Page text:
So should we be settling for mediocrity? Well, no. And yes. I once had a colleague who filled a clerical role in our company. Claire (not her real name) was generally pleasant and cheerful, moderately intelligent, reasonably thorough … and not the least bit ambitious. In a meeting one time, someone quipped that Claire was the worst type of employee because of her lack of ambition. Claire’s manager jumped in immediately to suggest that perhaps she was the absolute BEST employee for the role. An ambitious person would have tired of the job years ago and moved on. Claire was steady and reliable and quite likely there until she retired. Not a bad problem to have, really.
So, is it okay to be looking for Mr/Ms Good-Enough? There have been times when I’ve had to stop a client mid-sentence and ask, “Do you really need all that? And do you honestly expect to get all that for the type of work and the pay you’re offering?” People don’t like to hear that, but I like to put the cookies down on the bottom shelf, where everyone can reach them. An army is nothing if everyone is a five-star general. A hockey team doesn’t win if every player is a superstar (Team Canada aside, of course). We need role players, foot soldiers and those steady, reliable, consistent worker bees that will simply do the work the way we need it done.
Profiling the job
Instead of falling into The Trap, why not start by taking stock of the real needs of the job? The ideal candidate is the one that best fits the job profile, not the candidate with an “S” on their chest. Profiling the job involves listing all the functions of the role, and their corresponding behavioural, motivational and cognitive attributes. And this has to be a realistic list; not the list for the CEO!
Your list becomes a benchmark for the qualifications you need. If you have the luxury of having several of these jobs in your company, you can profile the most successful people and use that as your benchmark (as long as you have a good sample size).
Benchmarking can be done in one of two ways. You can form a committee of people familiar with the role and brainstorm the qualities and characteristics you’re looking for, or you can hire a professional to do it through psychometric instruments (and, likely, some brainstorming with the committee as well). Either way, the goal is to paint a realistic picture of the job and what it entails.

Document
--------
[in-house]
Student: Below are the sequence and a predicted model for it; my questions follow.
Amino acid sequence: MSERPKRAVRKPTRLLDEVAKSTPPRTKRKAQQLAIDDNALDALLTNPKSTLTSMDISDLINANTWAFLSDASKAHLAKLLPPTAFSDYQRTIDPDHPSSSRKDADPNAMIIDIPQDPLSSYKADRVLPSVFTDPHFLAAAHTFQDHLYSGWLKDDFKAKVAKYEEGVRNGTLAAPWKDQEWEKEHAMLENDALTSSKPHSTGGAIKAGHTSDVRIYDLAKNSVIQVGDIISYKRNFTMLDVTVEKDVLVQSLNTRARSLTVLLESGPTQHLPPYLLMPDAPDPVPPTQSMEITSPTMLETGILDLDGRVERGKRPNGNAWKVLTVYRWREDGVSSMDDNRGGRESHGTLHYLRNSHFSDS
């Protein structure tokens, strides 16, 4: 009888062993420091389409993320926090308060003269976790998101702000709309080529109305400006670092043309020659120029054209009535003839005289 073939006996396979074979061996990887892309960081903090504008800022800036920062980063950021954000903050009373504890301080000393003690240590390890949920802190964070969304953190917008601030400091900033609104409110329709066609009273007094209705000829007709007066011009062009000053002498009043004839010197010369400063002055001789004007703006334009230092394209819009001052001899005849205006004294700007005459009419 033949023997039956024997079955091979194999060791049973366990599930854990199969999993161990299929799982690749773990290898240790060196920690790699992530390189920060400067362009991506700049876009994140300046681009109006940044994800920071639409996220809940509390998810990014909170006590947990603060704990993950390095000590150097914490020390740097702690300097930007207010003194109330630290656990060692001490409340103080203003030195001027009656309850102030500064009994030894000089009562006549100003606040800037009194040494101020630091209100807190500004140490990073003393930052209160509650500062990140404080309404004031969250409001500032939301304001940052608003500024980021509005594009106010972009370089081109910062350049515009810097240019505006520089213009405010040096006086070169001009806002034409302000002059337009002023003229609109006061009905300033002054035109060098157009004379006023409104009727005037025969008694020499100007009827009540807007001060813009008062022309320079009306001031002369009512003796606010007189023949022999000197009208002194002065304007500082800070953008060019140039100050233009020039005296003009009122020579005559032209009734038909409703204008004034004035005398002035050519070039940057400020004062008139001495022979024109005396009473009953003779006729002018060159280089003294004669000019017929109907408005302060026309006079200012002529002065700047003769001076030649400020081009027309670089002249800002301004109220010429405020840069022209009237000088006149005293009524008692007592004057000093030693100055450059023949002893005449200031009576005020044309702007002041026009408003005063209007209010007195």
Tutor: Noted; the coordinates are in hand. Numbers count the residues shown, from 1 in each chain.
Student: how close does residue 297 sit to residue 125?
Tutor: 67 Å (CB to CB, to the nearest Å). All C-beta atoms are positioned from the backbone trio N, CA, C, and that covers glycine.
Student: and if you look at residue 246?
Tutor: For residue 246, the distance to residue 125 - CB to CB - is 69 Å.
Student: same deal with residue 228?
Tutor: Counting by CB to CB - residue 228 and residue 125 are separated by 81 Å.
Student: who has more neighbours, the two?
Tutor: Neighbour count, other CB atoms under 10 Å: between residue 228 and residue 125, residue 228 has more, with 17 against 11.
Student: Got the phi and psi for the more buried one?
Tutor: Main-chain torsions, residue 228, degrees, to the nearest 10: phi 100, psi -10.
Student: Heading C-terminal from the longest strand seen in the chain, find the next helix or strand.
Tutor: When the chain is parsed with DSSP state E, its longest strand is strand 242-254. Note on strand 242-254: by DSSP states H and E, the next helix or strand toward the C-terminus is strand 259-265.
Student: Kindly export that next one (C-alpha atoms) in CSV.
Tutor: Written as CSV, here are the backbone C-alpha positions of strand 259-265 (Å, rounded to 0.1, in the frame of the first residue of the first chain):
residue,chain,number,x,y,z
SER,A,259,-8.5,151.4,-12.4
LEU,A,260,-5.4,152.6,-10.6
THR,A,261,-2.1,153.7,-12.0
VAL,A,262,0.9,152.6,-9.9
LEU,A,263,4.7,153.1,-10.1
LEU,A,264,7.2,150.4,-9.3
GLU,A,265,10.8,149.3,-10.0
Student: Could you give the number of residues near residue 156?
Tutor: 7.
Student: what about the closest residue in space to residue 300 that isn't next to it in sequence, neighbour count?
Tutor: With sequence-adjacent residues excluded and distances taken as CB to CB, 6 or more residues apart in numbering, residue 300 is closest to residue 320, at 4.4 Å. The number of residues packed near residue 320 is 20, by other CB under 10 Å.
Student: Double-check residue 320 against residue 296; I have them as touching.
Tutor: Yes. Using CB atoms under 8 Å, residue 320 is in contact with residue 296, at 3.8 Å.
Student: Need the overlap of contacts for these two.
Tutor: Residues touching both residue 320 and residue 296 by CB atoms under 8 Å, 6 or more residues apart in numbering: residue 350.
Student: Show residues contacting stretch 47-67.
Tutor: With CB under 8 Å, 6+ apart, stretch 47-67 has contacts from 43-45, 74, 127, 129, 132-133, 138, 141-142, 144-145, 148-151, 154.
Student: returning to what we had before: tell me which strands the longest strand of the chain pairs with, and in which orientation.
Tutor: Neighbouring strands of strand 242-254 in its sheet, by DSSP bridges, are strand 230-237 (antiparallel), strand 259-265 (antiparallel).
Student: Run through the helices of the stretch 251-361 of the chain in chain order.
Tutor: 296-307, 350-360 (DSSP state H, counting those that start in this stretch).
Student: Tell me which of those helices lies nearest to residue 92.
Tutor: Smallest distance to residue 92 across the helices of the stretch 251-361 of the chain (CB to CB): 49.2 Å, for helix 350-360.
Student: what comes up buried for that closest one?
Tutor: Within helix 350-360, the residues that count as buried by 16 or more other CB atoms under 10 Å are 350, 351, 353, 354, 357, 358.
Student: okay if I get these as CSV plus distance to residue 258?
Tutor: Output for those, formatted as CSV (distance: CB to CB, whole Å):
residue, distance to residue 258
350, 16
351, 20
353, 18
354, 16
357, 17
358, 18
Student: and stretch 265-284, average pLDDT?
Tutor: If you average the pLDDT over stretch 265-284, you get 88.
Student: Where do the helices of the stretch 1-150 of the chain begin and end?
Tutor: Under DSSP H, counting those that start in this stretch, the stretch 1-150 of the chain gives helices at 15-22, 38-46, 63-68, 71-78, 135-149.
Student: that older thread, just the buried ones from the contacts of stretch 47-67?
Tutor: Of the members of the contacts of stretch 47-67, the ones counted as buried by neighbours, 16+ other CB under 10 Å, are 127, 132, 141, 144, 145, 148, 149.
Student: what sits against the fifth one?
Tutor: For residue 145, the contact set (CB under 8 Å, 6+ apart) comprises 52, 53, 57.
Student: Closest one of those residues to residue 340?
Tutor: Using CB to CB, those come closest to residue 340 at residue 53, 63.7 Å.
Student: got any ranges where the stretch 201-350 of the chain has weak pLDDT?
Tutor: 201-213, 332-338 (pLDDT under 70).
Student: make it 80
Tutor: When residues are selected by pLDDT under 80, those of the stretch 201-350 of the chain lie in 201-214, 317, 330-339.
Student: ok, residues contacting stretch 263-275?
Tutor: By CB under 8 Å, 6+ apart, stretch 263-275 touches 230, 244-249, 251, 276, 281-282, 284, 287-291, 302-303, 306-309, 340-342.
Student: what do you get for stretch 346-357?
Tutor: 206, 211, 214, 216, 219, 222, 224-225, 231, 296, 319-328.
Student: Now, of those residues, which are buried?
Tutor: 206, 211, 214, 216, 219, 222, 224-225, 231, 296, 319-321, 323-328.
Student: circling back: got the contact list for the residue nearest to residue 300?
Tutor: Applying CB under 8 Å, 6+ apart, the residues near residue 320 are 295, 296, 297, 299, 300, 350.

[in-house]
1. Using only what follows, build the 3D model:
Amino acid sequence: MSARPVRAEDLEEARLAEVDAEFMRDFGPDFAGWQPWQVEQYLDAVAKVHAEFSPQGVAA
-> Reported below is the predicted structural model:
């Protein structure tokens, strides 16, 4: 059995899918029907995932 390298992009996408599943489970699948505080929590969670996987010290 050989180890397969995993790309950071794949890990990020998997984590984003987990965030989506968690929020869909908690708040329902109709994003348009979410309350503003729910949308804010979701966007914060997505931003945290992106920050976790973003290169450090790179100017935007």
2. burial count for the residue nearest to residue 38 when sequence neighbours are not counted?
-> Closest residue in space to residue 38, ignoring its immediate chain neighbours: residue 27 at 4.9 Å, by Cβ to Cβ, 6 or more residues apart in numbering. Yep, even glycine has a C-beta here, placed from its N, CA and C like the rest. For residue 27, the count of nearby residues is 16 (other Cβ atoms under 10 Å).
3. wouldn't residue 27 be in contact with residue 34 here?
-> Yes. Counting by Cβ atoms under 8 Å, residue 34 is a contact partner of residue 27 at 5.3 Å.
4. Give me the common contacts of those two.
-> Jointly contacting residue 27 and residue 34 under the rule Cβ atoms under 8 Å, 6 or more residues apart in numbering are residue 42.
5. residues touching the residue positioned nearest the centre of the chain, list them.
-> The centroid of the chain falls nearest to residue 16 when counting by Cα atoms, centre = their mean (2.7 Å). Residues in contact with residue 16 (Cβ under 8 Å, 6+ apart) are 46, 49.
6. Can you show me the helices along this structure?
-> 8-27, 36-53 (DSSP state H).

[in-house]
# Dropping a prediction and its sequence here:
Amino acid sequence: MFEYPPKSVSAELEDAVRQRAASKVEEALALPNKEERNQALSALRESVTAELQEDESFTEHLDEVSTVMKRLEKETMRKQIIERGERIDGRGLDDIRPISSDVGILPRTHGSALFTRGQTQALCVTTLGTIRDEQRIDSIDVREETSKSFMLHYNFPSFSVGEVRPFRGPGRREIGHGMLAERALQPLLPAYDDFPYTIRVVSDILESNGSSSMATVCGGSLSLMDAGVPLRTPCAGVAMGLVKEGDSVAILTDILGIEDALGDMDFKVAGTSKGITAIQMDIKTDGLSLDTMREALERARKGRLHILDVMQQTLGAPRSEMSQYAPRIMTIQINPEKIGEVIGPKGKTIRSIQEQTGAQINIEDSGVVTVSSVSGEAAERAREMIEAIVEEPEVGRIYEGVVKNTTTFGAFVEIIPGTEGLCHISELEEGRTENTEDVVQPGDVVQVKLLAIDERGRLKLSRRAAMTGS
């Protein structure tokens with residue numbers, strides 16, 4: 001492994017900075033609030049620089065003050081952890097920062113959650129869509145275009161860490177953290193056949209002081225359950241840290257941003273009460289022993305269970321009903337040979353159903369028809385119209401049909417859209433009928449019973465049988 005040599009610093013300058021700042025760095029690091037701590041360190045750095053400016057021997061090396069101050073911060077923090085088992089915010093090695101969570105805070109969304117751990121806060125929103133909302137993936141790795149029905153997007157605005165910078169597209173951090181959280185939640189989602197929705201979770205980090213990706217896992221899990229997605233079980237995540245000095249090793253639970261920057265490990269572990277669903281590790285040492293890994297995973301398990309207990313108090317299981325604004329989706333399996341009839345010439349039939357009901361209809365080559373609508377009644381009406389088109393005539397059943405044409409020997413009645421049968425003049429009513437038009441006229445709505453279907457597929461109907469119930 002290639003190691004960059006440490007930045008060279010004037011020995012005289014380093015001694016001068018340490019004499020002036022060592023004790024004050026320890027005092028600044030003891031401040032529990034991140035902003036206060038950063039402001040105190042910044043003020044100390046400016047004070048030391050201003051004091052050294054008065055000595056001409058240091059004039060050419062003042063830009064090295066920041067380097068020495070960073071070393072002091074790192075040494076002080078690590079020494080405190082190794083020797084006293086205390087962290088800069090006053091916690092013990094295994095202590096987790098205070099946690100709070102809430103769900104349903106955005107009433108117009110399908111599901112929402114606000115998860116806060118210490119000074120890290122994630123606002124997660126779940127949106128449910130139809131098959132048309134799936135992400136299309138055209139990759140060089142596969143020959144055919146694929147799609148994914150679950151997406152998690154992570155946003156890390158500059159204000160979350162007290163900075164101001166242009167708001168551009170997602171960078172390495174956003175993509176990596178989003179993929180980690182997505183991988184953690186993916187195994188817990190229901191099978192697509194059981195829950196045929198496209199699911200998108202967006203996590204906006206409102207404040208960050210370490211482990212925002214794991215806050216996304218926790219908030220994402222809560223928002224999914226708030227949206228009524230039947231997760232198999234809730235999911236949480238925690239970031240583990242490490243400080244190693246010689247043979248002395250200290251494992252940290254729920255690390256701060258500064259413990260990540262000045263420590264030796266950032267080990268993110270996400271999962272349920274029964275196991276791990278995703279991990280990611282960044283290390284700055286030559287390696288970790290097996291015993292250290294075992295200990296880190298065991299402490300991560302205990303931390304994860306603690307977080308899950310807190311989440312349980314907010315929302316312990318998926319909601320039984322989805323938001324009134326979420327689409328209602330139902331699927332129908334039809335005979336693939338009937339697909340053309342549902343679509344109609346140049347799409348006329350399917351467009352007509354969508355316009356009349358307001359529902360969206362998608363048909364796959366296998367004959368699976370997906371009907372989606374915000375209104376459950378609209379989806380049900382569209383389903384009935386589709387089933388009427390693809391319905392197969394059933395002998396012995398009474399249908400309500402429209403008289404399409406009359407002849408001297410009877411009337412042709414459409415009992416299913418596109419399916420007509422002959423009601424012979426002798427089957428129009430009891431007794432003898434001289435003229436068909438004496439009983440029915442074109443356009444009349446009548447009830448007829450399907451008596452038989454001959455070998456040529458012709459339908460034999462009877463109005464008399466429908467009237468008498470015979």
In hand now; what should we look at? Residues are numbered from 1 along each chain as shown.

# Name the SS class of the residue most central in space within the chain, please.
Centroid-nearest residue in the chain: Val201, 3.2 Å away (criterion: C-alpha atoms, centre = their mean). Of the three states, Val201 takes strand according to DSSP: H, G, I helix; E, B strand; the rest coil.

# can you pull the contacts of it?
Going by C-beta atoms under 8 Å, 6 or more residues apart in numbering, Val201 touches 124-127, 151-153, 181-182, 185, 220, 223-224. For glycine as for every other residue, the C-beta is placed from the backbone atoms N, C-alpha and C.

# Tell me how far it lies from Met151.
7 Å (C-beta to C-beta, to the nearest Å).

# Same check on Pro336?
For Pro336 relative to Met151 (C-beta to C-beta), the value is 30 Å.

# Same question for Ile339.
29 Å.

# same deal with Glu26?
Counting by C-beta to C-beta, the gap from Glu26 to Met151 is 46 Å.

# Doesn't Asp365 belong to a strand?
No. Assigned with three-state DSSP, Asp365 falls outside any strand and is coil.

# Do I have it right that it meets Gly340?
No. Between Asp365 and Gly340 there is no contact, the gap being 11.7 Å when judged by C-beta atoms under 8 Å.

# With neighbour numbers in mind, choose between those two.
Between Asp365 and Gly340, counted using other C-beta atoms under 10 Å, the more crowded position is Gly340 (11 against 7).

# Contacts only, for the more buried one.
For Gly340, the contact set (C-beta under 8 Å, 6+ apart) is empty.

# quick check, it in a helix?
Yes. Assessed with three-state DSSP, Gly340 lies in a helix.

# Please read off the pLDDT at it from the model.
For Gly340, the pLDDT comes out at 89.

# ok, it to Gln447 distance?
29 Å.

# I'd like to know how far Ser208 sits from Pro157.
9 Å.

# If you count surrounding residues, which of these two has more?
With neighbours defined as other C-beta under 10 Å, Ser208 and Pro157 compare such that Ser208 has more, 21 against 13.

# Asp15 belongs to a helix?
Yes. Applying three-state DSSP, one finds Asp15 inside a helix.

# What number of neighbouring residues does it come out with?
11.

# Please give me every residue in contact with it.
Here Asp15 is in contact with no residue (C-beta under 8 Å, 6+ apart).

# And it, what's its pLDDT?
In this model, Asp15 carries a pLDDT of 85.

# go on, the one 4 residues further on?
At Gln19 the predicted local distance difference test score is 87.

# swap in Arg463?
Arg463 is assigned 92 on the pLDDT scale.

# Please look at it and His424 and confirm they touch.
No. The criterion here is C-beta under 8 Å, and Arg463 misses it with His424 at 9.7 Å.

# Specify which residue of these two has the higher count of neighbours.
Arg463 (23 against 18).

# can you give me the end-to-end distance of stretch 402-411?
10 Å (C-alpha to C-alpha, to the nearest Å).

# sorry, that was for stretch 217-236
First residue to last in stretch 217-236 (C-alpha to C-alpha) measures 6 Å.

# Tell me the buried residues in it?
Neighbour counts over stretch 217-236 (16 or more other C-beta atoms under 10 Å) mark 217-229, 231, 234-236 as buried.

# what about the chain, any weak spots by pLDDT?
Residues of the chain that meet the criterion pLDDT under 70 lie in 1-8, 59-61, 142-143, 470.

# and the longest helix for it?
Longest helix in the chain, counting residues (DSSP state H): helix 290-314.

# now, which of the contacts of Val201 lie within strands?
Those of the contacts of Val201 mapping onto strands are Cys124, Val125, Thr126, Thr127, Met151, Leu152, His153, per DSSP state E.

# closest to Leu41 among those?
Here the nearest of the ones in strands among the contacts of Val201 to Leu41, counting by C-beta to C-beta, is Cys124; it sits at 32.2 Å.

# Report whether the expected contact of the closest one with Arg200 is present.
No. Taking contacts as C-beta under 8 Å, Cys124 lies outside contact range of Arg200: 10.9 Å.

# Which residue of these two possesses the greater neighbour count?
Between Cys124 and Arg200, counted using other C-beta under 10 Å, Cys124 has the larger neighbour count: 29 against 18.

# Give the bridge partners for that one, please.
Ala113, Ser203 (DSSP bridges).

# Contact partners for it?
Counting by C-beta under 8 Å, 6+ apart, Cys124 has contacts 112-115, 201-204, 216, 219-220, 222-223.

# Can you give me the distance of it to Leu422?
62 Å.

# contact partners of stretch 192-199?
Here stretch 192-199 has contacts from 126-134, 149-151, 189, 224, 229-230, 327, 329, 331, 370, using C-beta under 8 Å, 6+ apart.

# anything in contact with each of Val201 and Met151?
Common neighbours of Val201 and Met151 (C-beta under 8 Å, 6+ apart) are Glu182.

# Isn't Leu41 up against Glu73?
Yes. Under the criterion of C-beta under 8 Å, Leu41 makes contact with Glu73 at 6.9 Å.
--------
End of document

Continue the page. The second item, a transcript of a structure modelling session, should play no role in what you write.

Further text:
The best candidate for the job is ALWAYS the one who best fits this job, not the highest qualified, most experienced, best educated, over-qualified super hero.
Square peg in a square hole
If you have a square hole to fill, the best peg will always be square as well. Finding people who exactly match the role improves job satisfaction, lowers turn-over rates, and ultimately makes your life a whole lot easier. Sometimes this means backing off a bit on the ability to fly and see through walls; it means getting a realistic grasp on who this person needs to be.
Most of us, when looking in the mirror of honesty, will admit that we are not super heroes ourselves. So why do we think we need one working for us?
“Going too far is half the pleasure of not getting anywhere”
It can be exhilarating and invigorating to think we have managed to hire someone who is second to none. It can boost our egos and make us think that we too can fly. But in the long run, we end up back where we started, because Clark Kent has moved on (“I think my work here is done!”).
Leave Superman and Wonder Woman for someone else. Find the person you really need, and everyone wins.
Mark Burden is a Certified Behavioural Analyst and career sales leader currently working as Sales Manager, Canada Direct Sales at UniFirst Canada Ltd. in Mississauga. Burden has a diverse background working in business consulting, advertising sales, lighting and uniform supply.